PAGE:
The success story of mangrove restoration

A success story of marine conservation is the Locally Managed Marine Area Network (LLMA) on Fiji Islands. Launched in 1997, the LMMA developed a decentralized village-based structure with over 250 marine protected areas. 25% of Fiji’s coastline are protected by this governance regime (UNDP, 2012). The project success relies on a good cooperation with local communities. Protected areas have an open-access regime with flexible rules for subsistence. Locals are involved in decision-making and in the conservation work. The project benefits also from the strong stewardship for nature of indigenous groups: Often LLMA areas are better protected than government-owned reserves. In 2002, the LLMA project was rewarded as case of best practice with the ‘Equator Initiative Award’ of the United Nations Development Programme (Techera, 2010).

 Vulnerability of South Pacific mangroves to sea level rise

The natural pressure on mangrove ecosystems is growing with climate change. On long-term, mangrove sedimentation rates must exceed the rate of relative sea-level rise to hold pace with relative sea level rise. The sedimentation rate is defined as balance of net erosion relative to accretion rates (Gilman et al., 2007). When sea level rise is faster than the sedimentation rate, the seawards margins of mangrove forests continue to erode and retreat landwards (Figure 1).

 mangrove graph

Figure 1: Sea level rise relative to mangrove surface (Source: Gilman et al., 2006, p. 10) 

Two factors make mangrove ecosystems of Pacific Islands vulnerable to sea-level rise: First, many have no significant sediment input from rivers or continental longshore drift (Alongi, 2008). Sedimentation relies on the supply of organic detritus and material from coral reefs (Gilman et al., 2006, Ellison et al., 2012, Alongi, 2008). Second, most Pacific islands have shallow slopes with tidal range of less than 1 m. Mangrove forests in Fiji, Marshall Islands, Federal State of Micronesia, Tonga and Tuvalu have today negative sediment budget balance. They experience a loss of land area. Only forests on Samoa and Solomon Islands have sediment budget balances over the projected sea level rise.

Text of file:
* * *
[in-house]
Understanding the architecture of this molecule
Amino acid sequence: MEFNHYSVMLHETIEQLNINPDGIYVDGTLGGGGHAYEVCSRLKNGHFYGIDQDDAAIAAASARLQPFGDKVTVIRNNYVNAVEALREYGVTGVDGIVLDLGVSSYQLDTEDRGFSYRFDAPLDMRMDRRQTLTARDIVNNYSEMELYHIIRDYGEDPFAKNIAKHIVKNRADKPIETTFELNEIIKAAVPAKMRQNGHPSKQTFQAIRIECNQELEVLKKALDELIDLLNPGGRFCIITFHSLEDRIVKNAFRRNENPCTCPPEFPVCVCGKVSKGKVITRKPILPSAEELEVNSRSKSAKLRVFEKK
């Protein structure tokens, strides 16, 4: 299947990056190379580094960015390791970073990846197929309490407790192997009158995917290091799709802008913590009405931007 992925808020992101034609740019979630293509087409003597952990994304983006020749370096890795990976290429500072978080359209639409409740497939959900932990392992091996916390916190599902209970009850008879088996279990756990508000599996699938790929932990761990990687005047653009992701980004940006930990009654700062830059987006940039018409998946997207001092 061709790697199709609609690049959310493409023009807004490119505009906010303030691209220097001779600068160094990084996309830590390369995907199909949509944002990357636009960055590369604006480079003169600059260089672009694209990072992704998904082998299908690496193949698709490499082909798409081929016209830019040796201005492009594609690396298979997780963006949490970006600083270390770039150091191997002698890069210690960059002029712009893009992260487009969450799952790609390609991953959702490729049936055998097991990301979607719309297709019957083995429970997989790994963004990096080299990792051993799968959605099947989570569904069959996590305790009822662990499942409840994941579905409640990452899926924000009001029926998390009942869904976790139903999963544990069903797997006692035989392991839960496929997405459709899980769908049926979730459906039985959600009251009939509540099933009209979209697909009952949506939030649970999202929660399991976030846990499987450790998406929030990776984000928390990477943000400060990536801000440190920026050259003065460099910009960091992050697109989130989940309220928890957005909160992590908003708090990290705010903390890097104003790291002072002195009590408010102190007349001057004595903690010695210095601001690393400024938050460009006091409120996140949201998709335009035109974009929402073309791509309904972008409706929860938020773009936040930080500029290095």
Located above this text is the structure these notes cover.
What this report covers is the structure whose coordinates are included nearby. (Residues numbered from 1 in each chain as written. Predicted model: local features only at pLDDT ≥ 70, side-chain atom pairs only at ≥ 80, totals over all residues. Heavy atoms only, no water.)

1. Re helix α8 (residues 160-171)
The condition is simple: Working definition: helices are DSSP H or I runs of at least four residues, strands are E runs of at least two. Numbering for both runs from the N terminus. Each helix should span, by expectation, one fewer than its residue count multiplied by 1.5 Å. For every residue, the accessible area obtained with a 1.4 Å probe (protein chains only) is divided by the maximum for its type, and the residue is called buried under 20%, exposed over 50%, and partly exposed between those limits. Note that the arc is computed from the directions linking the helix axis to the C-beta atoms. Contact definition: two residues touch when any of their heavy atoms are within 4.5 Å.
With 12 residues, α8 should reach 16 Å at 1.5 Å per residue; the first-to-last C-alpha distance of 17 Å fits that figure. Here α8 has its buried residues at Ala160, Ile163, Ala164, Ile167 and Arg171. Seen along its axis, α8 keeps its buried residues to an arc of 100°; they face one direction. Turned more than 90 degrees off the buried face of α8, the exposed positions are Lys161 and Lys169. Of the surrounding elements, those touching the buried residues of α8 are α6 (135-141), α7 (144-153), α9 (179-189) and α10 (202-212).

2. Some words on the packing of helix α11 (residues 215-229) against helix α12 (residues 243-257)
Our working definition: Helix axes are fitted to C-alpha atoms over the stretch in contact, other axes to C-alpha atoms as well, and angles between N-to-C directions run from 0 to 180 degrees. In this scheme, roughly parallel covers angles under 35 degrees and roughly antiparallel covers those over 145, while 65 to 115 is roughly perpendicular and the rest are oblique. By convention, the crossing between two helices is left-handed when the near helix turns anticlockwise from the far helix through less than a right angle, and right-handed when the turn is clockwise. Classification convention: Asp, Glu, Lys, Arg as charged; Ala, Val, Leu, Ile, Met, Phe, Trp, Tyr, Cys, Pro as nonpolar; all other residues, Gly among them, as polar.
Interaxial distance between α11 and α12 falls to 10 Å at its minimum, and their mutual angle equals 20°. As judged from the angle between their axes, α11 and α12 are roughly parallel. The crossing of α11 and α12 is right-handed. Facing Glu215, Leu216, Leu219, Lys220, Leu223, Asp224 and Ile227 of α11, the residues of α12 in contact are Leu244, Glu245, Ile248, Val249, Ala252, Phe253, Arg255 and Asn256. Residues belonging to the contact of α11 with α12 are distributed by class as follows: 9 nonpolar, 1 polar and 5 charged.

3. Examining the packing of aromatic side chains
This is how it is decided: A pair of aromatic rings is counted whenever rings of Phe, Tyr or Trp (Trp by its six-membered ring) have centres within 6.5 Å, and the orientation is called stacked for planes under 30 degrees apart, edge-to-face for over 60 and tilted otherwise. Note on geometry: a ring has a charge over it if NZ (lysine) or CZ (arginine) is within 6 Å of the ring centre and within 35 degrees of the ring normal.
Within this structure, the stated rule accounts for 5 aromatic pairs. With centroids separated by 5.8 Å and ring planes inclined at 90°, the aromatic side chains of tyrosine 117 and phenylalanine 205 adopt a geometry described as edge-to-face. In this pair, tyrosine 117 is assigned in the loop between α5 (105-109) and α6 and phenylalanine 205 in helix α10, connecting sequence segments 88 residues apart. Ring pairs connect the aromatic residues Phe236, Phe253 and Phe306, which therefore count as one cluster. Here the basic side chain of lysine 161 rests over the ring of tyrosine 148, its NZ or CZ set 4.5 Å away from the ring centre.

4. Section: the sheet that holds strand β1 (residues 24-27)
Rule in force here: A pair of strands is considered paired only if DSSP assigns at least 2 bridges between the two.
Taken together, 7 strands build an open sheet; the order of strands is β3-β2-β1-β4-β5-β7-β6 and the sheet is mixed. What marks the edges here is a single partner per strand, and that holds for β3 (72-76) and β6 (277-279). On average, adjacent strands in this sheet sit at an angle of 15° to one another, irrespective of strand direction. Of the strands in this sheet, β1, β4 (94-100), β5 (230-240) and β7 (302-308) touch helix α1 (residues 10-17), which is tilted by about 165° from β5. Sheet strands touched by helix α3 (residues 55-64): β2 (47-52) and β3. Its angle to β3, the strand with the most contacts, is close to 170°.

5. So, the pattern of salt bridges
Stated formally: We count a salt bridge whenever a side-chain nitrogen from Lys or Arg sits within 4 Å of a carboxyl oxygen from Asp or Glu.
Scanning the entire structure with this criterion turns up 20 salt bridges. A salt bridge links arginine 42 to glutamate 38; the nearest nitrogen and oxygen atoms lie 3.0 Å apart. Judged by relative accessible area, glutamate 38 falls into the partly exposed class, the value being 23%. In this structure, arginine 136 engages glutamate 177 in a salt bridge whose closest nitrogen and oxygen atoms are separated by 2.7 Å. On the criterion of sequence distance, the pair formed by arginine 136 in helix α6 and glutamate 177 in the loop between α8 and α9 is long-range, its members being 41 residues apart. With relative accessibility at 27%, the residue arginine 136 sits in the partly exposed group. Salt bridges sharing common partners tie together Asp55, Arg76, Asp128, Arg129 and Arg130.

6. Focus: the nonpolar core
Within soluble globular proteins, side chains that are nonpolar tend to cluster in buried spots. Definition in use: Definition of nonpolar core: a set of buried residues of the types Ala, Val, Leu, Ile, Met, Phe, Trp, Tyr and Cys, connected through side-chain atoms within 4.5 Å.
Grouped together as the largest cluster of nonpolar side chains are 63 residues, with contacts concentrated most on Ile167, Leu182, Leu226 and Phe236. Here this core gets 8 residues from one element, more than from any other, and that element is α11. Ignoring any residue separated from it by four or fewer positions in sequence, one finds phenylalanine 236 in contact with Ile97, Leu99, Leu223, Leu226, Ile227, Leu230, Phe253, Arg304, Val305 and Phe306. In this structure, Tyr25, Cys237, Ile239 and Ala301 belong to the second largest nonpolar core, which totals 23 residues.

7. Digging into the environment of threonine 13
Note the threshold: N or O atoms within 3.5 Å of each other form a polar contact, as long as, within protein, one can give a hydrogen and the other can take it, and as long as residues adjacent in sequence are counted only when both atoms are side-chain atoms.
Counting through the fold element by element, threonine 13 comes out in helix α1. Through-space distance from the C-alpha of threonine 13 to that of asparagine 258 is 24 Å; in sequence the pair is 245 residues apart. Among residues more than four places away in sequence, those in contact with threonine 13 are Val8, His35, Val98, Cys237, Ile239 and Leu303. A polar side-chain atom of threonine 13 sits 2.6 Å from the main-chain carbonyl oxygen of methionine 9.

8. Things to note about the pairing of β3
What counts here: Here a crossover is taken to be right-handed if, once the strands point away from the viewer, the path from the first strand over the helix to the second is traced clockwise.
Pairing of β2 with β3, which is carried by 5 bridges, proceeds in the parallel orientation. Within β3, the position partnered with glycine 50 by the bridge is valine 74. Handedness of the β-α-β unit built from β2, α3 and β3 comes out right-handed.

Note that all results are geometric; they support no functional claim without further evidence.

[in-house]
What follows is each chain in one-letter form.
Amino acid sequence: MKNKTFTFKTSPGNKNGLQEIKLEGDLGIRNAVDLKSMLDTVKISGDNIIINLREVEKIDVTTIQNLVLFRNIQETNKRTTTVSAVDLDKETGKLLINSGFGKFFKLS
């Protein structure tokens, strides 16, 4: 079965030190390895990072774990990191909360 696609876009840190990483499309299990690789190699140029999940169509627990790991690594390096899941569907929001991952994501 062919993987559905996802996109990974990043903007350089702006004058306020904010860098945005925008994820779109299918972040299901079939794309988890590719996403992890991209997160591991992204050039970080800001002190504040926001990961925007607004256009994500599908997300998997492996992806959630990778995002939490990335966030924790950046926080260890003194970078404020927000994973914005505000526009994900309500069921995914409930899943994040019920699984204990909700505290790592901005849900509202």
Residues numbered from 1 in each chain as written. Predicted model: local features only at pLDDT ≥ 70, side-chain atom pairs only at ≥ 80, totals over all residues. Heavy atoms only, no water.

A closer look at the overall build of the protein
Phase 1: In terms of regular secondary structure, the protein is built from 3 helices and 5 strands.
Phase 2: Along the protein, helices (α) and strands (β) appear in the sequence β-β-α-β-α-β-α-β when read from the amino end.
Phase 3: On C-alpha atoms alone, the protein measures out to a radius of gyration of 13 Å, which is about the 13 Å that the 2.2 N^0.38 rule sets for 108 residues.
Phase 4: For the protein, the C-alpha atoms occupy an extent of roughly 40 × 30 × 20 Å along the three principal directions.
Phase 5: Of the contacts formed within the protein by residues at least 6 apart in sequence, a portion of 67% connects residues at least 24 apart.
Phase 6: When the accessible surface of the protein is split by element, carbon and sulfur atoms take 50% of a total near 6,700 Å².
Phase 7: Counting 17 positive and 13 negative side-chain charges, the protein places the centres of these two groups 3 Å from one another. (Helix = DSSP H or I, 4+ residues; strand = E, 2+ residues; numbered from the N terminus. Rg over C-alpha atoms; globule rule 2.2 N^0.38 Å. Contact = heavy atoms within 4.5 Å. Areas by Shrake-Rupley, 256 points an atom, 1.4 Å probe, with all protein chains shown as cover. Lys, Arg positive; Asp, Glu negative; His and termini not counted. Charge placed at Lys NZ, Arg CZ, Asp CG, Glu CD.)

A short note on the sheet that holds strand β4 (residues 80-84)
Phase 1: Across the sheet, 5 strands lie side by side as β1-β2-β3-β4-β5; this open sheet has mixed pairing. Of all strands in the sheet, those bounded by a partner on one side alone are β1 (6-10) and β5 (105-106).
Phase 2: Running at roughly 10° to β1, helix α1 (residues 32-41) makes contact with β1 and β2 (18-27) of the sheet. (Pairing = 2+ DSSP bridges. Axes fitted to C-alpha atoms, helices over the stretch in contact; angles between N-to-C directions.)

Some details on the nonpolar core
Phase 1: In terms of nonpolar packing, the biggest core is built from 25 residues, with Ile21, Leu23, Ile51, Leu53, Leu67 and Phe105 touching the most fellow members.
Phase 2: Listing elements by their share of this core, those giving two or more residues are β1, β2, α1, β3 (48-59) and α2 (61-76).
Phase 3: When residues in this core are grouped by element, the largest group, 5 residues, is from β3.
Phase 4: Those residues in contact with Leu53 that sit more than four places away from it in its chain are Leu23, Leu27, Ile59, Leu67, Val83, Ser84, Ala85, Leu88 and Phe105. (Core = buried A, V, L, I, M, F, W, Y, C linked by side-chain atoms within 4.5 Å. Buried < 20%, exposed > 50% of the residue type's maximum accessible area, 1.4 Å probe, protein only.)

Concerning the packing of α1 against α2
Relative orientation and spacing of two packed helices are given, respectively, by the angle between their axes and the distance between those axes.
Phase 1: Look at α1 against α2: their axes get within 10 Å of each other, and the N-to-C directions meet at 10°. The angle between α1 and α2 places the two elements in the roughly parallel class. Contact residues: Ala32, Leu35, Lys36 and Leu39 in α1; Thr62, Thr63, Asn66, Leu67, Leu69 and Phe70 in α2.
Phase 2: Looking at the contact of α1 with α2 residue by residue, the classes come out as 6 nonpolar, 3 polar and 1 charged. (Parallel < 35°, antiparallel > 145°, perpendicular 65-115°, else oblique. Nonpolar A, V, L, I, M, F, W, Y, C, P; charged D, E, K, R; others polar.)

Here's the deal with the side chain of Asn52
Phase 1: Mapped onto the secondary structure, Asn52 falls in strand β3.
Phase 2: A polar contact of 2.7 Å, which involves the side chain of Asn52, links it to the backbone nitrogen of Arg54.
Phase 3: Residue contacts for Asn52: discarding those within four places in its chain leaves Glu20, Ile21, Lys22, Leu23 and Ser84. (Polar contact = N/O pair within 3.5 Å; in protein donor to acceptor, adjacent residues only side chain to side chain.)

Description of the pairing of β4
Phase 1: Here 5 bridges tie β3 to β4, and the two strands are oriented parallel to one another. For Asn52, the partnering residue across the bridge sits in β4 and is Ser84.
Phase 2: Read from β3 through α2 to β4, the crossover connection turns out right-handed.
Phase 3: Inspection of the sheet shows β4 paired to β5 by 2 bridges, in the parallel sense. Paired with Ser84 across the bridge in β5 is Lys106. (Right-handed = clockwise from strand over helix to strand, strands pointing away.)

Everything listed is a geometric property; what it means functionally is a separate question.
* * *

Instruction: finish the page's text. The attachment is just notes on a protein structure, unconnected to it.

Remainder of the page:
Mangroves’ response to climate change

Yet, it is uncertain how mangroves respond to altered climate conditions: On one hand, the plant productivity and thus the accumulation of organic material can increase with higher atmospheric CO2 levels and precipitation levels (Ellison and Fiu, 2010; Gilman et al., 2006). One the other hand, rising water temperatures can lead to temperature stress for mangroves which support only water temperatures up to 24°C (Ellison and Fiu, 2010). Either, waves deposit more organic material from adjacent ecosystems or degrading coral reefs cut mangroves from sediment supply (Gilman et al., 2006; Ellison and Fiu, 2010).

Strong regional variance of sea level rise

The Pacific Island region shows a strong regional variance of relative sea level rise: First, the Pacific Island region is characterized by the El Niño Southern Oscillation (ENSO). This natural ocean cycle causes a regional variability of sea level in the order of ± 20-30 cm (Nurse et al., 2013). Second, the region is shaped by strong tectonic plate movements: The Pacific plate subducts beneath the Australian plate to the east of Tonga, Fiji and Vanuatu and north of the Solomon Islands and Papua New Guinea (Ellison, 2009). Subsiding areas at the east of this margin experience a higher rate of relative sea-live rise than stable areas or uplifting regions (Ellison and Fiu, 2010). Due to the high regional variance, the appropriateness of mangrove restoration as adaptation strategy is very site dependant.

Climate smart restoration

Climate smart restoration must therefore select restoration sites carefully to gain long term success. Unfortunately, fieldwork is often rather an uncoordinated quick fix approach. Seedlings are planted like in gardens in the hope that it works against erosion. Stressors which inhibit the natural regeneration of mangroves are not removed. (Nunn, 2013). The selection of ‘climate smart species’ (Ellison et al., 2012, p. X) is also crucial for project success: Plants of the genus Rhizophora are more tolerant to the salinity of ocean water (Ellison, 2007a). This makes them on long term more resilient to sea-level rise. After several years, it must be monitored, if young trees are able to gain full habitat functions.

Adaptation in a situation of uncertainty

It is difficult to prognosis if mangroves of the South Pacific Island region can hold pace with sea level rise. Mangroves cannot reverse long-term erosion trends – especially not when worst case emission scenarios become true. But mangrove restoration is at least a low-cost mid-term adaptation strategy which gives time to retreat in a situation of uncertainty. The limits of this adaptation approach must be well communicated to local population to prevent maladaptation and a false sense of security.